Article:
Tesla has overhauled Japanese rival Toyota to become the world’s most valuable automotive company. Despite never having made a profit, billionaire Elon Musk’s electric car manufacturer has been tipped by some pundits to achieve a valuation of more than $1tn (£800bn) as demand for electric vehicles soars. Shares in Tesla have climbed by more than 4% to more than $1,100 apiece, giving the company a valuation of $209bn, ahead of Toyota on $205bn. Analysts at stockbroker Jefferies said the coronavirus pandemic could accelerate the speed at which the world adopts cleaner fuels. “We see Covid-19 as an accelerator of the transition to EVs [electric vehicles] and renewables, from consumers and public policy,” they said. “Tesla remains significantly ahead of peers in product range, capacity and technology.”

Travel, Food & Hospitality

Expedia Group, the online booking conglomerate that owns travel agencies Expedia, Hotwire.com, Orbitz and Travelocity, has announced a $25 million initiative aimed at leveraging the brand’s media and advertising platform to help travel-related business weather the effects of the Covid-19 pandemic. The initiative will see Expedia match a portion of ads placed by destination marketing organizations (DMOs) and other travel businesses, up to $25 million.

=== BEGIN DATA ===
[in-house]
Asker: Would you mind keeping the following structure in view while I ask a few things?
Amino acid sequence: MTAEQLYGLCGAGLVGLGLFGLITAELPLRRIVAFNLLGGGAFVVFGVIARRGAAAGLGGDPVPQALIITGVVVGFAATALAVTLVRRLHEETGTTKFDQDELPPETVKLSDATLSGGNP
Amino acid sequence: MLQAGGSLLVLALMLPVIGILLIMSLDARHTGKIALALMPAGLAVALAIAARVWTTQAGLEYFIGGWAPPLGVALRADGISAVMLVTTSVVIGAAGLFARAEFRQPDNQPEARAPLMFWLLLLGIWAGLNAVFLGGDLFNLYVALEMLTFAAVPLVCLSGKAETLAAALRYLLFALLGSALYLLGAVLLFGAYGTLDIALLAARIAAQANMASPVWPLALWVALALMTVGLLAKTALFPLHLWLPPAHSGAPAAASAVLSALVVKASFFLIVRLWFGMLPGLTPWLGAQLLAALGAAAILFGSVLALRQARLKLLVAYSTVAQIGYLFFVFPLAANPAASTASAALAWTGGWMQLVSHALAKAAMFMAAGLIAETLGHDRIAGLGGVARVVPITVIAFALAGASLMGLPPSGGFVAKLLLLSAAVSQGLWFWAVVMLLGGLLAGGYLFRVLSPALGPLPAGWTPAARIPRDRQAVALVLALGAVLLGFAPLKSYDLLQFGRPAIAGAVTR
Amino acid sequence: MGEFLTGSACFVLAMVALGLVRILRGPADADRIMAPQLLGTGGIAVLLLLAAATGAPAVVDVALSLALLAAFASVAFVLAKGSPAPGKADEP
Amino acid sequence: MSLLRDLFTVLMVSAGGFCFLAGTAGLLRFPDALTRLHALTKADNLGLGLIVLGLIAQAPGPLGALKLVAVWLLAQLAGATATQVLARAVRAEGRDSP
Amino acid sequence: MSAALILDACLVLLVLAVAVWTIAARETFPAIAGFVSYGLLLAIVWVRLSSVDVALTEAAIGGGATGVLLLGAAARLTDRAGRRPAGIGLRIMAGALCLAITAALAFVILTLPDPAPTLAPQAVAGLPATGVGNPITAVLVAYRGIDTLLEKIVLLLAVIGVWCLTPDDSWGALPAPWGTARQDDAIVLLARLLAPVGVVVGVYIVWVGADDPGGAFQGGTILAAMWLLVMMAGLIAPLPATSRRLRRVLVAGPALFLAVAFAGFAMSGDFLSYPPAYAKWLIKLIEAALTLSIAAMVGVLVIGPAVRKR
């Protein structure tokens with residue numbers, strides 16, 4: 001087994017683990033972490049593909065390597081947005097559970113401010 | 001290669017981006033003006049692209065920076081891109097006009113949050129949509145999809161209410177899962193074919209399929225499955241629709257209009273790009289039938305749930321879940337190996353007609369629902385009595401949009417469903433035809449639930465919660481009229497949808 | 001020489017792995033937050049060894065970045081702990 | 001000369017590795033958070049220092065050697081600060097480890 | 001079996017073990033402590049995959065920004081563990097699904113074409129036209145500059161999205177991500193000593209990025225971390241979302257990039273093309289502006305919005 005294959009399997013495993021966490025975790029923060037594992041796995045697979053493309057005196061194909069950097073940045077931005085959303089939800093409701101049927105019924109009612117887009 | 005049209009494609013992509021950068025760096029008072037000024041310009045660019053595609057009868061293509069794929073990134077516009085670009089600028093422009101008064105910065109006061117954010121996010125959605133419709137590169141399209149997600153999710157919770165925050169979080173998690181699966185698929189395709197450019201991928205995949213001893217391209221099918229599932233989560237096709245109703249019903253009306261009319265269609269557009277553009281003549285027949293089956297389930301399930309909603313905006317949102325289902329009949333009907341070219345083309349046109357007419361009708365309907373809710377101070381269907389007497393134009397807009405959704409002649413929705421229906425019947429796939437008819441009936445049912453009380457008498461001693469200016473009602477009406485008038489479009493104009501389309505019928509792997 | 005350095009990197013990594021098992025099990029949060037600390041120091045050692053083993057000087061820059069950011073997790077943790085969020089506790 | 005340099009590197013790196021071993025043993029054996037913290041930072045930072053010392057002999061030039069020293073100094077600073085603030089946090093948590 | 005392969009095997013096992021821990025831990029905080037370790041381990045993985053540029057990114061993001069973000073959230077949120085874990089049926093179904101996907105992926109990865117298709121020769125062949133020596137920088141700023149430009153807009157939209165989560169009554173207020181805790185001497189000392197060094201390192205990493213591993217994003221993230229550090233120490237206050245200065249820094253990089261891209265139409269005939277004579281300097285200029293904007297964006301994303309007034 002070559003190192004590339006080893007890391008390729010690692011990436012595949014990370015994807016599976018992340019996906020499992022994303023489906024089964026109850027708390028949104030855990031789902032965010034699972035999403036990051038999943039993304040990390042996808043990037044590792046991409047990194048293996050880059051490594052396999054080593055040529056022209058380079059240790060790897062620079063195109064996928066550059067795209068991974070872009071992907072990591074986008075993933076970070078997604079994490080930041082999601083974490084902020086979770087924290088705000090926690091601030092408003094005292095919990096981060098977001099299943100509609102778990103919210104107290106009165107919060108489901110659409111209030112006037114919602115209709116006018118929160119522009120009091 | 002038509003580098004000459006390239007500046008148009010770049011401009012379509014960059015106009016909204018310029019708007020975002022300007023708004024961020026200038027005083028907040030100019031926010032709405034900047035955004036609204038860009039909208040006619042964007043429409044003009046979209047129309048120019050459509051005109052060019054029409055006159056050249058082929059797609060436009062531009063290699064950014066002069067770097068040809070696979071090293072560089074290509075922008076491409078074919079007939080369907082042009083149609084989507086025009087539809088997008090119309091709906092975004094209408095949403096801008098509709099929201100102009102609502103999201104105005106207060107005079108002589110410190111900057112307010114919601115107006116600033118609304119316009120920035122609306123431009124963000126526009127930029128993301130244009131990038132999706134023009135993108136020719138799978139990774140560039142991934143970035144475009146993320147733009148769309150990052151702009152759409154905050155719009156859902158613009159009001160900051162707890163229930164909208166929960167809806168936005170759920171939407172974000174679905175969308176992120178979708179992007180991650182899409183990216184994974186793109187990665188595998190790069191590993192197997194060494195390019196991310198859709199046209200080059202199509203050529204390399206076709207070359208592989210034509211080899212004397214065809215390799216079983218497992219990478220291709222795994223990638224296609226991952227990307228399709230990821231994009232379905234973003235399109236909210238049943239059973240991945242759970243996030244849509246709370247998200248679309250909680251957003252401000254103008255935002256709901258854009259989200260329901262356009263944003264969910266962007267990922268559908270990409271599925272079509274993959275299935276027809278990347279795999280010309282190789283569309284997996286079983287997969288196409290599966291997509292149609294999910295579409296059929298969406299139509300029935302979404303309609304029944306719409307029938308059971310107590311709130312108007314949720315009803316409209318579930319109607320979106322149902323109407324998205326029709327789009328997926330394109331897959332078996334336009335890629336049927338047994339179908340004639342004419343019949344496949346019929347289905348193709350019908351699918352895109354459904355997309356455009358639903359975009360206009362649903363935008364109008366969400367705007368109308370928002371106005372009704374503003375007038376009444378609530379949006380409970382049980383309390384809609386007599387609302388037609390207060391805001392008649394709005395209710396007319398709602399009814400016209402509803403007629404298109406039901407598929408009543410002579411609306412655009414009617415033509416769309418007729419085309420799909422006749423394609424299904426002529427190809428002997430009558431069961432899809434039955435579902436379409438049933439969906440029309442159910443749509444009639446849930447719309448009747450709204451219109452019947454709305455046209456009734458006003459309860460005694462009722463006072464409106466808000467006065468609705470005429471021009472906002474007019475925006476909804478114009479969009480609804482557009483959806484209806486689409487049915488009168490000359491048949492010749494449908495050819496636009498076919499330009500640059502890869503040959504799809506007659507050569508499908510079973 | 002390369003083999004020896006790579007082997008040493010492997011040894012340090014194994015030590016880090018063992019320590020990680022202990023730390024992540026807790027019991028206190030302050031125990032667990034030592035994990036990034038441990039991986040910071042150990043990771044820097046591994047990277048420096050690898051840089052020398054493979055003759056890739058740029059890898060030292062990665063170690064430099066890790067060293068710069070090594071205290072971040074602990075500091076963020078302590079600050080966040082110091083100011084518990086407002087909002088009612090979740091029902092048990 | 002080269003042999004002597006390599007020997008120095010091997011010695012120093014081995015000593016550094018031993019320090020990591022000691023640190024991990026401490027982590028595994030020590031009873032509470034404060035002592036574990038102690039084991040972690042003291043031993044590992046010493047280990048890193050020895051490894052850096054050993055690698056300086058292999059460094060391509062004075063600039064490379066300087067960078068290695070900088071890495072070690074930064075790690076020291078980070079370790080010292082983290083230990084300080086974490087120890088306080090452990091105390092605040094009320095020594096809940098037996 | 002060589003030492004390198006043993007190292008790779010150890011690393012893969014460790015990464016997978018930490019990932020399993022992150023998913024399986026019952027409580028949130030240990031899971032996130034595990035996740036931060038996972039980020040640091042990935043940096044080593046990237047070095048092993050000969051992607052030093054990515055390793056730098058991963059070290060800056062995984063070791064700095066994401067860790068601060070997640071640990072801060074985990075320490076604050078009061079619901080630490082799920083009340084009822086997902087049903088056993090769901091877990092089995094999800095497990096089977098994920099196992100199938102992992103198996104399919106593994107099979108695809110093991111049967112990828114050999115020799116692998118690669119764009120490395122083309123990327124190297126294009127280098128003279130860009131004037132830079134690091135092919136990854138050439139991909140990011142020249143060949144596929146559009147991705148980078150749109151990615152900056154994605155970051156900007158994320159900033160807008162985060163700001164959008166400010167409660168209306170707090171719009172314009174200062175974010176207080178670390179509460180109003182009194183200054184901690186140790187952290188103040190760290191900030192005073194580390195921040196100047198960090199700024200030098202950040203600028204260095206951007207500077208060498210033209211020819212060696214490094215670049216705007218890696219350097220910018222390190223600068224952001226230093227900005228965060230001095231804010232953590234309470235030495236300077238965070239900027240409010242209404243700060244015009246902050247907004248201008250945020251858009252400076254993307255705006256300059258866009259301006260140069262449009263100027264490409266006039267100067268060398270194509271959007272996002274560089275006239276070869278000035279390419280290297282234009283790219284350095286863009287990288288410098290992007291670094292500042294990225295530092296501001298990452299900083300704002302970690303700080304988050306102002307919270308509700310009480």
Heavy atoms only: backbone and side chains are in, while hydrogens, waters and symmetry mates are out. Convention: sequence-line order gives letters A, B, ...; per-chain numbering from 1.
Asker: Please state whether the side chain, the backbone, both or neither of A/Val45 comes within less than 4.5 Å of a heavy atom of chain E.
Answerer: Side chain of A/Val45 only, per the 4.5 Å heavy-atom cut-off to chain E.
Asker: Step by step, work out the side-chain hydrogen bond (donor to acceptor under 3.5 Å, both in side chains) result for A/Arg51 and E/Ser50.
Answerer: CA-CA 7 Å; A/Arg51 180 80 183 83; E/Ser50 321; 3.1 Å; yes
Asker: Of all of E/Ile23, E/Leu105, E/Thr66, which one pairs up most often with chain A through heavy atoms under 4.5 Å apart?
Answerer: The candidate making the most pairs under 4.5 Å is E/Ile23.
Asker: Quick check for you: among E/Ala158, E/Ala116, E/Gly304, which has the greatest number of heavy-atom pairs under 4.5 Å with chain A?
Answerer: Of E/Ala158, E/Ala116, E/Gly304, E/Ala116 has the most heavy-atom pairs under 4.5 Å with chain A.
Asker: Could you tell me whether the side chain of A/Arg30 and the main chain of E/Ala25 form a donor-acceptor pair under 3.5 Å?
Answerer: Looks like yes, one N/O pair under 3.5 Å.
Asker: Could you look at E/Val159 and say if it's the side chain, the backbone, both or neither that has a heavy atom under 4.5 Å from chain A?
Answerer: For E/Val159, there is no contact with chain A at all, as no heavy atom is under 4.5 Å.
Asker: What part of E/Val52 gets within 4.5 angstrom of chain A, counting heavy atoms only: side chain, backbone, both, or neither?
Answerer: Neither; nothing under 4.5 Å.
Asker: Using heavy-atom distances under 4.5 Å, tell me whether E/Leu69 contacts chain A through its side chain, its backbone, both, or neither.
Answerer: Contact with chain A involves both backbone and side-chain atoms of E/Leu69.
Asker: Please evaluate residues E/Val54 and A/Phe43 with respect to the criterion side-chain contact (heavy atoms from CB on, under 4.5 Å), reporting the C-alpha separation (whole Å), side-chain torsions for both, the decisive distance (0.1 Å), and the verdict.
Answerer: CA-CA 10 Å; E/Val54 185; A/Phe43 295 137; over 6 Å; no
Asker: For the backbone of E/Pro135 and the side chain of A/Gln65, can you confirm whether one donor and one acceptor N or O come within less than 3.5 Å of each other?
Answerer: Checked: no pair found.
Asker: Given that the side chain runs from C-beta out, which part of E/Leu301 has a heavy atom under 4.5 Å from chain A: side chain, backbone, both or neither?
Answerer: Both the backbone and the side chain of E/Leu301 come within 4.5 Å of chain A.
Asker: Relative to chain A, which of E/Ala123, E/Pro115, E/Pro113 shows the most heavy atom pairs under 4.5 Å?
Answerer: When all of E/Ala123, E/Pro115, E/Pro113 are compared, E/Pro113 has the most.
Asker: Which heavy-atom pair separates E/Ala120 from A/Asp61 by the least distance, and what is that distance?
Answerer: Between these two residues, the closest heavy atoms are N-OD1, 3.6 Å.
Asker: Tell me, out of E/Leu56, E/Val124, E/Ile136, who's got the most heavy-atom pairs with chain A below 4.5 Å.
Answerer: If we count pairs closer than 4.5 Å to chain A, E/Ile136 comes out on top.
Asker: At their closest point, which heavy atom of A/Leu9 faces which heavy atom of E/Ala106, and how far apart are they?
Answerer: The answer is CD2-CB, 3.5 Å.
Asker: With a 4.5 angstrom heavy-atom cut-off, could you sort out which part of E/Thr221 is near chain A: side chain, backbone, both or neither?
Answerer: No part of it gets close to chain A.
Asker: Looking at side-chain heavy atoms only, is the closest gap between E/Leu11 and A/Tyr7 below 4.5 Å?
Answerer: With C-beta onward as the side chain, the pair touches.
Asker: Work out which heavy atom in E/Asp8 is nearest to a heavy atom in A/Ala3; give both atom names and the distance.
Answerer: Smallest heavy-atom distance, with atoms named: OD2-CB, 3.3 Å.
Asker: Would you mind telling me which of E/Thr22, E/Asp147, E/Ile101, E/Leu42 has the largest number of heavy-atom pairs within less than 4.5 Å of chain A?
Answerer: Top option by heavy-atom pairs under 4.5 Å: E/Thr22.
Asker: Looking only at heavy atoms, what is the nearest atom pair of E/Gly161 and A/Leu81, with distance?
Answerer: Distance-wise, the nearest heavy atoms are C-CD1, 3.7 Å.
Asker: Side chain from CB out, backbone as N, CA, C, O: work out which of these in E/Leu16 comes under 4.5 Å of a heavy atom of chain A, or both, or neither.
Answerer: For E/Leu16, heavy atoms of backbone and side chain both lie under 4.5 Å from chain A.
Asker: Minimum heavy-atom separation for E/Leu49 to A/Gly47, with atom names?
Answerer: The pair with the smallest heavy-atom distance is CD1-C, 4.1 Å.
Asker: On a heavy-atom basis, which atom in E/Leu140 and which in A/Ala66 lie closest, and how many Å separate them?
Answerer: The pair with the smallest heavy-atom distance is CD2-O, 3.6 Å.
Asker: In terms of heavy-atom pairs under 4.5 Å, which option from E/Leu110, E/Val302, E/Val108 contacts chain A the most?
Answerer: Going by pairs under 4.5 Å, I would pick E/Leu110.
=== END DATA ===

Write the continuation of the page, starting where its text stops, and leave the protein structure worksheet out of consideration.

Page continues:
That money will come from a previously announced $275 million commitment to support the travel industry, which has been particularly hard-hit by the coronavirus. “Destinations are a key element [of recovery],” said Wendy Olson Killion, Expedia’s vice president of business development. “We are coming to the table with $25 million of value to extend campaigns.

Based on different tiers, we’re able to provide a considerable match on a campaign.” For example, a DMO spending $100,000 on a campaign with Expedia’s advertising platform will get a percentage of that spend in additional paid social across Expediaowned channels and brands.